Chto Delat’s “When the roots start to move and get lost”
              Ben Eastham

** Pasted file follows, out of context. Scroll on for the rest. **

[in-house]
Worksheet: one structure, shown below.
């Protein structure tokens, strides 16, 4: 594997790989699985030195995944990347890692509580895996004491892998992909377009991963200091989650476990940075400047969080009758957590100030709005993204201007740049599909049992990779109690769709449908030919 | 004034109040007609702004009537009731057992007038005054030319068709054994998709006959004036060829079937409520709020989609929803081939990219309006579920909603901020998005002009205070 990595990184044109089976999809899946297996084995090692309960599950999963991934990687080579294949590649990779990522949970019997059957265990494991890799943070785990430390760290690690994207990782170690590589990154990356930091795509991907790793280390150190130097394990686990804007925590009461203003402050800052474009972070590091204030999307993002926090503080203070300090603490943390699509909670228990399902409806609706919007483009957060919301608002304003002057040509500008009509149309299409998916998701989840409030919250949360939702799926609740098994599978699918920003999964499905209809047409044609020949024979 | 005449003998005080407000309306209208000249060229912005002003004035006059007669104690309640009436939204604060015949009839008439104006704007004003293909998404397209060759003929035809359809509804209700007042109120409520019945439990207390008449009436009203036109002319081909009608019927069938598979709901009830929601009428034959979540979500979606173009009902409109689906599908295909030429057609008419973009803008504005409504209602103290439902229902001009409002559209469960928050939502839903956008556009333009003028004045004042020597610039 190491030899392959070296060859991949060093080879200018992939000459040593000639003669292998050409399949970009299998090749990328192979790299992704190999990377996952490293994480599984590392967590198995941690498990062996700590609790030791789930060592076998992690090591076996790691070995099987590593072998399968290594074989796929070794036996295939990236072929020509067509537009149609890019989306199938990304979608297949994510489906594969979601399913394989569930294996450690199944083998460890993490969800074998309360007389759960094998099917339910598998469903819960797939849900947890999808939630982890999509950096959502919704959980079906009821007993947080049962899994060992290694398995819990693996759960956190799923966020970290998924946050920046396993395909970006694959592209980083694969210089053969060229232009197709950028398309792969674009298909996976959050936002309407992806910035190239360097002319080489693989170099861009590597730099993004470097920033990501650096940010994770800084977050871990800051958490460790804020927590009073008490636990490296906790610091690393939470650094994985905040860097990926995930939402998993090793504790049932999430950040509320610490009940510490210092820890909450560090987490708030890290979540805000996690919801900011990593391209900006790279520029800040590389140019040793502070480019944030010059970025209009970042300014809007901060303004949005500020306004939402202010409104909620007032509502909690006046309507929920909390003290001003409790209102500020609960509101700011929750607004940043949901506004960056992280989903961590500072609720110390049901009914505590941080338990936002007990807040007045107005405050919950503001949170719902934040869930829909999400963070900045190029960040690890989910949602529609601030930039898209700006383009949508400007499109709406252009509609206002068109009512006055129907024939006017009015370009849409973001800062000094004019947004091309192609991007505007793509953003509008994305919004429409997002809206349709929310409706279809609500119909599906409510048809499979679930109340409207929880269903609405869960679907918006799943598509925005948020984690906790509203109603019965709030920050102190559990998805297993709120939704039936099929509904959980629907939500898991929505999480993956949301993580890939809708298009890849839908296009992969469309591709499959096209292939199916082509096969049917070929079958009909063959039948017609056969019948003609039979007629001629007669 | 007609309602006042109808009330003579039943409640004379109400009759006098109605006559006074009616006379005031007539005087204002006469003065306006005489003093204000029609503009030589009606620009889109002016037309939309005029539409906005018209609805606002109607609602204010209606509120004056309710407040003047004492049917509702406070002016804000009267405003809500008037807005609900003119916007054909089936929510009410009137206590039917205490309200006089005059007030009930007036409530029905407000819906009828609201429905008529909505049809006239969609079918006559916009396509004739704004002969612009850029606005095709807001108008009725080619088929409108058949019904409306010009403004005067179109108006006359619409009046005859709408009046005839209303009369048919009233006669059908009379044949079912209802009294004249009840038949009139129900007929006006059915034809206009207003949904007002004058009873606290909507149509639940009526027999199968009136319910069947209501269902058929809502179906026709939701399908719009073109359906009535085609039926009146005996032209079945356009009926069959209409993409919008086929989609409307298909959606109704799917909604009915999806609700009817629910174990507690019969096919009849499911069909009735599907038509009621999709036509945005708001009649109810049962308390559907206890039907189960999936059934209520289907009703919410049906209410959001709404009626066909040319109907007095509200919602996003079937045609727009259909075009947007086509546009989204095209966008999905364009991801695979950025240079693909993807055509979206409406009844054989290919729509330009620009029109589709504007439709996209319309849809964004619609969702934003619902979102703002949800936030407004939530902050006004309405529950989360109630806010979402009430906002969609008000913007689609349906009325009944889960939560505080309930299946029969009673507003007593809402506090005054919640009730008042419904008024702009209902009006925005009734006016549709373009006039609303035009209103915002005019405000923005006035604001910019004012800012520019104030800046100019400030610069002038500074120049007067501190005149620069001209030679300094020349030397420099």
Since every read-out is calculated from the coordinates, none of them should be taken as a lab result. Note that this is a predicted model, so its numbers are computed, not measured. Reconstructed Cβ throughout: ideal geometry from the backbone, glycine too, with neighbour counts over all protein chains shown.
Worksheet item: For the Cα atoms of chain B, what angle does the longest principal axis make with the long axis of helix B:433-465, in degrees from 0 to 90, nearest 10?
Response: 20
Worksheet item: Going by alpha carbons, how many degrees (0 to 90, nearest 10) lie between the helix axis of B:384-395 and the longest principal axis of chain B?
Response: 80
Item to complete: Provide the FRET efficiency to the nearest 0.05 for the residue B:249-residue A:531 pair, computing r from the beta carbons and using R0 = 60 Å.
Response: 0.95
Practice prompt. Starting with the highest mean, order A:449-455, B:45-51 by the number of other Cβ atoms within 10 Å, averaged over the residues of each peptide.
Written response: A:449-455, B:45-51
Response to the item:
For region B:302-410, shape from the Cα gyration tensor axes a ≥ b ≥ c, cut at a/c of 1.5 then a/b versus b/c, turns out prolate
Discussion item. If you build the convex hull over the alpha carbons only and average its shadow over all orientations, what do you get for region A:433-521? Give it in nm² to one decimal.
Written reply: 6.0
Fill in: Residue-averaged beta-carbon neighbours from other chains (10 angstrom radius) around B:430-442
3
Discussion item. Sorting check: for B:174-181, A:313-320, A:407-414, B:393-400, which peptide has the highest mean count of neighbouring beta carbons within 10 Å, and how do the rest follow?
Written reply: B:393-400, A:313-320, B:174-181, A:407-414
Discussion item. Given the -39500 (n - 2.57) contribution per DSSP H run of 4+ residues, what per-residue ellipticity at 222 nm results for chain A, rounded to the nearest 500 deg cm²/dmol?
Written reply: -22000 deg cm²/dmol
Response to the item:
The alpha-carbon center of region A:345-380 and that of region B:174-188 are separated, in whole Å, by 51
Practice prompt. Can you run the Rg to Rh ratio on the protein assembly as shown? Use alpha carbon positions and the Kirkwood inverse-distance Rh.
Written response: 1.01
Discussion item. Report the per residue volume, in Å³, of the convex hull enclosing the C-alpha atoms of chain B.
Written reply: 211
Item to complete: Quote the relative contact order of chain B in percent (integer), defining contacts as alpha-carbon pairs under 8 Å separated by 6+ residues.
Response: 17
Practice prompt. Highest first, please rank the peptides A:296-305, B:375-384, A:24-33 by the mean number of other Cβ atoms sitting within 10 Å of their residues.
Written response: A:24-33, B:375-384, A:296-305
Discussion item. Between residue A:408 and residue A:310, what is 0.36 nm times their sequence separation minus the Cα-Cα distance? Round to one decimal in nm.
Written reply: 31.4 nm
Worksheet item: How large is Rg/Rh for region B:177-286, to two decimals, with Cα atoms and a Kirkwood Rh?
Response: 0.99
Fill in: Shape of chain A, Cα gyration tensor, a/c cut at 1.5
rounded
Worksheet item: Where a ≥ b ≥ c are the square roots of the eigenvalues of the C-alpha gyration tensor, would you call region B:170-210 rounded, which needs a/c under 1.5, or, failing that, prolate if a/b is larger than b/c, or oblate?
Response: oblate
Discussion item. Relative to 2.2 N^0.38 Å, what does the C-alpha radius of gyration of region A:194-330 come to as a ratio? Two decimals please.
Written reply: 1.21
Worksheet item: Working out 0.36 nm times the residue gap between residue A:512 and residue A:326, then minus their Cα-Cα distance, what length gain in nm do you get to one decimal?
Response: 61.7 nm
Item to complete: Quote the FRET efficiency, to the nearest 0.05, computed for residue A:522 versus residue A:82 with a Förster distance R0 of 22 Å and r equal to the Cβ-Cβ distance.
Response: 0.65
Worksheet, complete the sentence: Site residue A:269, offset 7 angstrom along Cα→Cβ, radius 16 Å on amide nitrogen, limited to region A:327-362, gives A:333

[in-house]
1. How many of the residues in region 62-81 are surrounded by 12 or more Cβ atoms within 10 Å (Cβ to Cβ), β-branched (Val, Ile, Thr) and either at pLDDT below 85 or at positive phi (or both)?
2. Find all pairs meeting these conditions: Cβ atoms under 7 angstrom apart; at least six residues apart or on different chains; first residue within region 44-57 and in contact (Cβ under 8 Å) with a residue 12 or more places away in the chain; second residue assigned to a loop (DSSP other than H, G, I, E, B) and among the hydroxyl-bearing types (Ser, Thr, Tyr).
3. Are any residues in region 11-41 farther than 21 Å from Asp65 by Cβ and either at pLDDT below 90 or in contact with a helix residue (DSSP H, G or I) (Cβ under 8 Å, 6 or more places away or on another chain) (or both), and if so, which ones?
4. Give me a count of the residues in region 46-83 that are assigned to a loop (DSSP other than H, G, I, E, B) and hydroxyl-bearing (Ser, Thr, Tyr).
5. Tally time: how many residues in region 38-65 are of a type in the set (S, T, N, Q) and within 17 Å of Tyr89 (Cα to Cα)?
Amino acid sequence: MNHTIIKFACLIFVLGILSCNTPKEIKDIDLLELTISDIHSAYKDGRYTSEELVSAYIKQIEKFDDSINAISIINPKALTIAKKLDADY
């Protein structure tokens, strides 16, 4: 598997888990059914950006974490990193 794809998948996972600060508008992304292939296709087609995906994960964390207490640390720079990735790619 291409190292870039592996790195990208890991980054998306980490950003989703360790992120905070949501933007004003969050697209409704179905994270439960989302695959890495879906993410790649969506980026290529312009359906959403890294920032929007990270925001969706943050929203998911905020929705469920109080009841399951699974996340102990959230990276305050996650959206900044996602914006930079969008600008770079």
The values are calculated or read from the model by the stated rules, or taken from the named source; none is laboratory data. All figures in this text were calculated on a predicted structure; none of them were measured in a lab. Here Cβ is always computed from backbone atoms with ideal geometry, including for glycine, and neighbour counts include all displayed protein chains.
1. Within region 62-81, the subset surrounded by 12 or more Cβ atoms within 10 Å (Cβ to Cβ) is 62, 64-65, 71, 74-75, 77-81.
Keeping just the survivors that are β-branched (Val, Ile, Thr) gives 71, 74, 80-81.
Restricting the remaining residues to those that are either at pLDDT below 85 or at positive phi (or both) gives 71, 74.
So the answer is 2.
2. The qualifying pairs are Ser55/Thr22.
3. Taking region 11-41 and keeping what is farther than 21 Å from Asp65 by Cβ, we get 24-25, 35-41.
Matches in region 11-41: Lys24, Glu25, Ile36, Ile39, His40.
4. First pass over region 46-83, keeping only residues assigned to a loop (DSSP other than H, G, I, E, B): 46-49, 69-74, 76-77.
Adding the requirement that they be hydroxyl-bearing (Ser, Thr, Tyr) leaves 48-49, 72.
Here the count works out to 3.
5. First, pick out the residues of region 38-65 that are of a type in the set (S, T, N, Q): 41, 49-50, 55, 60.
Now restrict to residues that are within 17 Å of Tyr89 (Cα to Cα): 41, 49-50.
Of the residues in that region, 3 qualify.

A screen at the entrance to Chto Delat’s first solo exhibition in Athens shows four members of the Russian collective on a Zoom call. Each of them sways, swoons, or sighs along to Maya Kristalinskaya’s interpretation of the 1965 torch song Nezhnost’ [Tenderness] as overlaid script tells the group’s history since its formation in 2003. A wall text states that the ballad was a favorite of Yuri Gagarin, the first man ever to be estranged from the planet, and that this performance was recorded during lockdown. As Kalinskaya mourns an earth left empty by separation from her lover, this short portrait of divided friends introduces the themes of the show: how to resist isolation, what it means to belong, and how to be together. Chto Delat’s interest in these issues predates the pandemic and political crises which have exacerbated them. Filmed in 2011, and exhibited here in a basement screening room, Museum Songspiel: The Netherlands 20xx presents a hypothetical scenario in a near-future that may, a decade ago, have seemed dystopian: a group of asylum seekers have escaped deportation and taken refuge in a modern art museum. A resident artist has the bright idea of dressing them up as performers in …
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